21 December 2011

Have Markets Misvalued Energy Companies?

A few weeks ago Nicholas Stern had an op-ed in the FT in which he claimed that markets are failing to reflect the risks of aggressive climate policy or climate impacts into the share prices of energy companies. Richard Tol and I submitted a short op-ed in response which was not published, so we publish it here.
Have Markets Misvalued Energy Companies?

Roger Pielke Jr. and Richard Tol

Writing in the Financial Times (Dec. 9) Lord Stern of Brentford suggests that the financial markets have grossly misjudged the valuation of companies that produce fossil fuels, writing, “the market has either not thought hard enough about the issue or thinks that governments will not do very much.” Stern argues that the misjudgment poses a “risk to the balance sheets of large companies – or to the planet, or both.”

Have markets misvalued energy companies? While markets are of course not perfect, for two reasons we believe that in this instance there is no evidence to suggest that the valuation of fossil fuel producers has been grossly misjudged.

First, let us assume that governments around the world decide to take swift and effective action to reduce emissions. Would this mean that fossil fuel companies would go out of business in the near term? No.

Consider the case of Apple. Apple’s revenues depend upon selling products that will be obsolete within years and historical relics in a generation. That does not stop the company from being among the most highly valued in the world. If the world transitions to carbon free energy supply, the big energy producers of today are likely to play a big role.

Under all scenarios for future energy consumption the world is going to need vastly more energy and – whether governments act to decarbonize or not – vastly different types of energy too. Energy majors are so highly valued not simply because of the fossil fuel reserves they own, but because they have the expertise to supply energy at a massive scale along with a track record of successful and rapid innovation, with the ongoing shale gas and ultradeep oil revolutions as the latest examples.

Second, what if governments fail to deeply cut emissions? Might the impacts of unmitigated climate change lead to a dramatic reduction in the valuation of fossil fuel companies?

According to the work of Nick Stern himself this seems highly unlikely. In his famous review of climate change Stern argued that unmitigated climate change might reduce global GDP by as much as 20% by 2100. Using Stern’s own numbers for the most extreme impacts would mean that instead of growing by 2.5% per year to 2100, GDP would grow by 2.24%, with the largest effects occurring at the end of the century. This hardly seems cause for a dramatic revaluation of fossil fuel companies today.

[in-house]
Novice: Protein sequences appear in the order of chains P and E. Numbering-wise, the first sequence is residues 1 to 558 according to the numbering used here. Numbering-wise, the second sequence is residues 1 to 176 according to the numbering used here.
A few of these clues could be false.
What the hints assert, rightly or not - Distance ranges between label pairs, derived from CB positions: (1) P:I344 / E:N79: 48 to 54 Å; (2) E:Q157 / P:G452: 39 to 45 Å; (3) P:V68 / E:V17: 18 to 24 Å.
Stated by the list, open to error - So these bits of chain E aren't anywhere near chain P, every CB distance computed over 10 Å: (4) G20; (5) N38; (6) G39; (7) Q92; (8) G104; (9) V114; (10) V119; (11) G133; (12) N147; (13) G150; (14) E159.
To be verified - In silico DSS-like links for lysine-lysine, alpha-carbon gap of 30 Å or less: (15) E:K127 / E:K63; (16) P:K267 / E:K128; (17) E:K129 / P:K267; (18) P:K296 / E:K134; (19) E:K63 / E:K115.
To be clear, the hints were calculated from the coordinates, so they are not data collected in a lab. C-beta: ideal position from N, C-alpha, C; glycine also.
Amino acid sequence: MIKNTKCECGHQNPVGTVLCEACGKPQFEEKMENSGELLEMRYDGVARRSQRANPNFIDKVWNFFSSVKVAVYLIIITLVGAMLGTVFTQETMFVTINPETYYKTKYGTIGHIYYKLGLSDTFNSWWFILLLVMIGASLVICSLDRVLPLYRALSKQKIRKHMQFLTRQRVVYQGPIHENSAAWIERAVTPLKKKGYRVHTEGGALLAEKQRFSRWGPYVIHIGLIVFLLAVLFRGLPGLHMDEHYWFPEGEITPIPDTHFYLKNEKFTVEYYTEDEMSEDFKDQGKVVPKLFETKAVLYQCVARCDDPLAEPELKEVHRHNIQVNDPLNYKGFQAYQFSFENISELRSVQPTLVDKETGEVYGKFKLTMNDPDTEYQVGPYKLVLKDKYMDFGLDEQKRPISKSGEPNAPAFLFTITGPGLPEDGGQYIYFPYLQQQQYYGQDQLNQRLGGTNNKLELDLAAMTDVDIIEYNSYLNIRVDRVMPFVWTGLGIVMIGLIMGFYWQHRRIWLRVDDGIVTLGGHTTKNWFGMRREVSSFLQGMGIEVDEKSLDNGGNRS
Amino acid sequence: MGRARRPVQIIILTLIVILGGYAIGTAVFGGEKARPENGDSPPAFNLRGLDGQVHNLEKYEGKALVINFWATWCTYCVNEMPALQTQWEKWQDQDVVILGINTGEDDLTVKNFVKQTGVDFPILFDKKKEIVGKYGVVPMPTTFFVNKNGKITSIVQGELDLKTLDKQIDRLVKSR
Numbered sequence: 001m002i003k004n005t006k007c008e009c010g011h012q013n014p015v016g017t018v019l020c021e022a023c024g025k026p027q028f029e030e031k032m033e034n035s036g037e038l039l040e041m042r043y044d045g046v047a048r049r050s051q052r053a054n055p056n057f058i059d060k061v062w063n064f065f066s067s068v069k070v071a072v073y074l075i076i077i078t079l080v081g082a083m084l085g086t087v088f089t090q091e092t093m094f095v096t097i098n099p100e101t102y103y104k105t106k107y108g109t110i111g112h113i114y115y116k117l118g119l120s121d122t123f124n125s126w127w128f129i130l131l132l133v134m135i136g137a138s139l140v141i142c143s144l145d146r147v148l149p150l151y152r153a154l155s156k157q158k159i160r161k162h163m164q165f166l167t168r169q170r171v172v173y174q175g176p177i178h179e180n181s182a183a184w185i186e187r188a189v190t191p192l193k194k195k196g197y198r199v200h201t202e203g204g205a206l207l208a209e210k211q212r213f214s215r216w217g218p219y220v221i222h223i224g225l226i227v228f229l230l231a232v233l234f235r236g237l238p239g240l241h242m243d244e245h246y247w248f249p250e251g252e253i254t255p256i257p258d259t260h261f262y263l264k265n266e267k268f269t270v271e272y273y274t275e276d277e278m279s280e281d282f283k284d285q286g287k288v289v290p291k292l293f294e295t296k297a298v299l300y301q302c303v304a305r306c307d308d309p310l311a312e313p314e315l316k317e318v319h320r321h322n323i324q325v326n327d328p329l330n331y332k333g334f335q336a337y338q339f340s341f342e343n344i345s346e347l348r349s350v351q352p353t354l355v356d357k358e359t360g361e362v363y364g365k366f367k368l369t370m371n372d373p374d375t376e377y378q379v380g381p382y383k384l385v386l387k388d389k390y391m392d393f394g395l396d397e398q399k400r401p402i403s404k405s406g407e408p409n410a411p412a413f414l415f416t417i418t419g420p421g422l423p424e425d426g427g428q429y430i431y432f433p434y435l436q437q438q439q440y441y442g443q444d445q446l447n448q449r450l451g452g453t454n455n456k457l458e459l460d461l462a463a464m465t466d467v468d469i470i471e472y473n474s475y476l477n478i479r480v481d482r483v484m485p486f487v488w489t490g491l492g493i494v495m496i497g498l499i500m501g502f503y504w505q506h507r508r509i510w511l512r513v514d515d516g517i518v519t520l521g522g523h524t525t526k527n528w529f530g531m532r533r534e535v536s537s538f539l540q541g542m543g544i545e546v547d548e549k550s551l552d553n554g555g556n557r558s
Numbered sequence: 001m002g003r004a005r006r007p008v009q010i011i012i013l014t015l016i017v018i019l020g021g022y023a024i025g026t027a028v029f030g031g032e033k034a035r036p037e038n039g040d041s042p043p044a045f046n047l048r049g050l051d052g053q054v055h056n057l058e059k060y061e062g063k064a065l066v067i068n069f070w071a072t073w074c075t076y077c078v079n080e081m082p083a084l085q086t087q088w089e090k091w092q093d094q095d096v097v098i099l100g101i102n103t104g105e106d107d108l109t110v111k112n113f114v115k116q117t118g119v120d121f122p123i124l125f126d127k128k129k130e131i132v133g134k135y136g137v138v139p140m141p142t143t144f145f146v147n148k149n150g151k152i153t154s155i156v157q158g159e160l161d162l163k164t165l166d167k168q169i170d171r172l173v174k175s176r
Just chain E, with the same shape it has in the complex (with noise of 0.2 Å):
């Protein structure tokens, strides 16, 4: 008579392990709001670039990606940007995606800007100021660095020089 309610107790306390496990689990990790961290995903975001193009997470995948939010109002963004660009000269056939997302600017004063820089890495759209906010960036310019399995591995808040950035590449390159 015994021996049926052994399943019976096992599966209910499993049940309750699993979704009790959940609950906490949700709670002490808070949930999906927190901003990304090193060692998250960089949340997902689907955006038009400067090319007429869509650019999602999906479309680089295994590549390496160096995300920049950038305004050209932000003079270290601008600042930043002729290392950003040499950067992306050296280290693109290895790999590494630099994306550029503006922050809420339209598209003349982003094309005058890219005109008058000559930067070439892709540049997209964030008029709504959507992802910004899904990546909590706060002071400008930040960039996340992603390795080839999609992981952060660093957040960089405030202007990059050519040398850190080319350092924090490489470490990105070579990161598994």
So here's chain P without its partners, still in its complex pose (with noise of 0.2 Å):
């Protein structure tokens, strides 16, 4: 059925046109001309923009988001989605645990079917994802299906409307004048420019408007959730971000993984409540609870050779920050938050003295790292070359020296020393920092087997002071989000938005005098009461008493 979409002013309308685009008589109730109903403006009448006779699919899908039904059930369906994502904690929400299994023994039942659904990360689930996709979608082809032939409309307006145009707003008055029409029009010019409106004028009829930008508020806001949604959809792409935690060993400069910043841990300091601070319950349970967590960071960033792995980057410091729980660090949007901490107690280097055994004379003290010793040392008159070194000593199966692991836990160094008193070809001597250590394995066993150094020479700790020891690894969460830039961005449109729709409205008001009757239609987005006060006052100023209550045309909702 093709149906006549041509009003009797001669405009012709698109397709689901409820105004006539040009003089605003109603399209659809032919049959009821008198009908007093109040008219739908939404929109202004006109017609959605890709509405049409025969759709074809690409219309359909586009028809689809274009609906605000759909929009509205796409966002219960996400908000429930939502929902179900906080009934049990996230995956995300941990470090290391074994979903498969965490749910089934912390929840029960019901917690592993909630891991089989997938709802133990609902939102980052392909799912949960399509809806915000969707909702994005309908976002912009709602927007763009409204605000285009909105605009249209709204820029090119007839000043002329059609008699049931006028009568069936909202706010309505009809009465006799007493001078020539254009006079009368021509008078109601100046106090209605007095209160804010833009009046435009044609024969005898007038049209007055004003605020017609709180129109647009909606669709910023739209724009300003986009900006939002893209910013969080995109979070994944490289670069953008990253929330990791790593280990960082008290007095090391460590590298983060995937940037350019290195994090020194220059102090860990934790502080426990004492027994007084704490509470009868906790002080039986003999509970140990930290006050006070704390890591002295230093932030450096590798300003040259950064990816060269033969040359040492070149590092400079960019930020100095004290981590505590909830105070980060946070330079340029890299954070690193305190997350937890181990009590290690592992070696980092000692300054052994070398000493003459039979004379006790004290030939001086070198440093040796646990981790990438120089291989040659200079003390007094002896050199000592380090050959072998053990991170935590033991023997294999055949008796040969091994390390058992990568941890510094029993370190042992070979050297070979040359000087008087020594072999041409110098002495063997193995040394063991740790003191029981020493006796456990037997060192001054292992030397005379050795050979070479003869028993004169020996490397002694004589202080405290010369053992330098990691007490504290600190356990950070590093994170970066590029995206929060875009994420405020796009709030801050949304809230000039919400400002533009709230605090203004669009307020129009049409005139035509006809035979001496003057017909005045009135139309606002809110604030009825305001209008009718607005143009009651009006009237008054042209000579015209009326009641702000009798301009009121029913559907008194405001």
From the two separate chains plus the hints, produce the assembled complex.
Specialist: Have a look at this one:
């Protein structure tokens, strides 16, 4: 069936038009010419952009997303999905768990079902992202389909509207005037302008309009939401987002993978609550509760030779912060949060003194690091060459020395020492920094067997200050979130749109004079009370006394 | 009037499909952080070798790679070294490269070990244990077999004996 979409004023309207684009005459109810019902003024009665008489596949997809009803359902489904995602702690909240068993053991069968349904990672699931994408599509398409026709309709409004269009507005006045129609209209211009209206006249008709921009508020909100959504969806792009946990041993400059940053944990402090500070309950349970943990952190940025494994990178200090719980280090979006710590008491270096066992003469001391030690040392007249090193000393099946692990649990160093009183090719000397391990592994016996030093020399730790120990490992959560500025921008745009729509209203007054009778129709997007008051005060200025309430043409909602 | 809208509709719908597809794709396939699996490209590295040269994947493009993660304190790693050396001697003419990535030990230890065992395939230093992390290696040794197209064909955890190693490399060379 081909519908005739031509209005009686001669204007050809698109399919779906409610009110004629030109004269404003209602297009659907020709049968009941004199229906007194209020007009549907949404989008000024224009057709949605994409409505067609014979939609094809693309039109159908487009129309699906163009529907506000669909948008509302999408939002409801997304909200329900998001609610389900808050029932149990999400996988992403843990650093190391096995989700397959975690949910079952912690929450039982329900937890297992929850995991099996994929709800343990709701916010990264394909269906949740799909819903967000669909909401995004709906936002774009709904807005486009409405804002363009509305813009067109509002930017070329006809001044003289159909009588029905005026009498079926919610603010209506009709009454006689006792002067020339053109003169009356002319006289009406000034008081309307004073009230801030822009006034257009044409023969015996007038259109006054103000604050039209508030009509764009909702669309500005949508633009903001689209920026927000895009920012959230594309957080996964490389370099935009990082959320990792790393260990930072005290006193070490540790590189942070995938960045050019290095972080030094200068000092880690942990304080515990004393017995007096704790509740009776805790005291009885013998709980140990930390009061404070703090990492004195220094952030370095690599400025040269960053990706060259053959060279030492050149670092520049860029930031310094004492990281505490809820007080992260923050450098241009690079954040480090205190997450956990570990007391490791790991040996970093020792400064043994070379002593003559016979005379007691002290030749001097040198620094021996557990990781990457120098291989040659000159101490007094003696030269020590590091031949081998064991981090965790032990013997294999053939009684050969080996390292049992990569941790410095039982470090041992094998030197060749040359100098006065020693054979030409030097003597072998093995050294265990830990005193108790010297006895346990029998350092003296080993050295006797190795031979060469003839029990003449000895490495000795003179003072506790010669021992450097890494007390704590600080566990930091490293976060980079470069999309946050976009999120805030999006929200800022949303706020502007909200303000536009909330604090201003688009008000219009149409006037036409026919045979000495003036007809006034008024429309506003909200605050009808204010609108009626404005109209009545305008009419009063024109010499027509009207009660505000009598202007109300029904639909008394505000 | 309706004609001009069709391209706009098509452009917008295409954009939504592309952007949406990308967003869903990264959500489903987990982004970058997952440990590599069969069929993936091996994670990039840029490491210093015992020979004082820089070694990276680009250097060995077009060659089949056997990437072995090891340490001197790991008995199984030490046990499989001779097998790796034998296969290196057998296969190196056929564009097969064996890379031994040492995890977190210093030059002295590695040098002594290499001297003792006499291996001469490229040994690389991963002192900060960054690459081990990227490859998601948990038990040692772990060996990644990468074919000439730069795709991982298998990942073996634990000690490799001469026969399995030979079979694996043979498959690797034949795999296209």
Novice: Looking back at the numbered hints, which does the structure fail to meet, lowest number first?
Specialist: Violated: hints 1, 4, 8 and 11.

The impacts estimated by Stern on behalf of the British government are very pessimistic compared to the estimates found in the academic literature. Furthermore, changes in the growth rate of the economy have a muted impact on the growth in energy demand.

Indeed, future demand for energy is largely insensitive to whether governments decide to act on climate change. The more than 1.5 billion people without reliable access to electricity will demand access regardless. A world with unmitigated climate change could in fact be more energy intensive, for instance if more people demand air conditioning. In either case the future for energy companies would be bright.

Humans affect the climate system and it is important for policy makers to respond. But it is unlikely that efforts to second guess the market valuation of energy companies will contribute to such responses. Of course, if Nick Stern really believes that energy companies have been grossly over-valued he could put his money where his convictions lie. Who knows, he may one day be the subject of the sequel to the Big Short.

Roger Pielke Jr. is a professor at the University of Colorado. Richard Tol is a professor at the Economic and Social Research Institute in Dublin and at the Vrije Universiteit in Amsterdam.


  1. The best way to reduce the book value of fossil fuel companies is to reduce the price of their product which devalues their reserves. Ironically, environmental restrictions makes fuels more expensive and the value those reserves higher.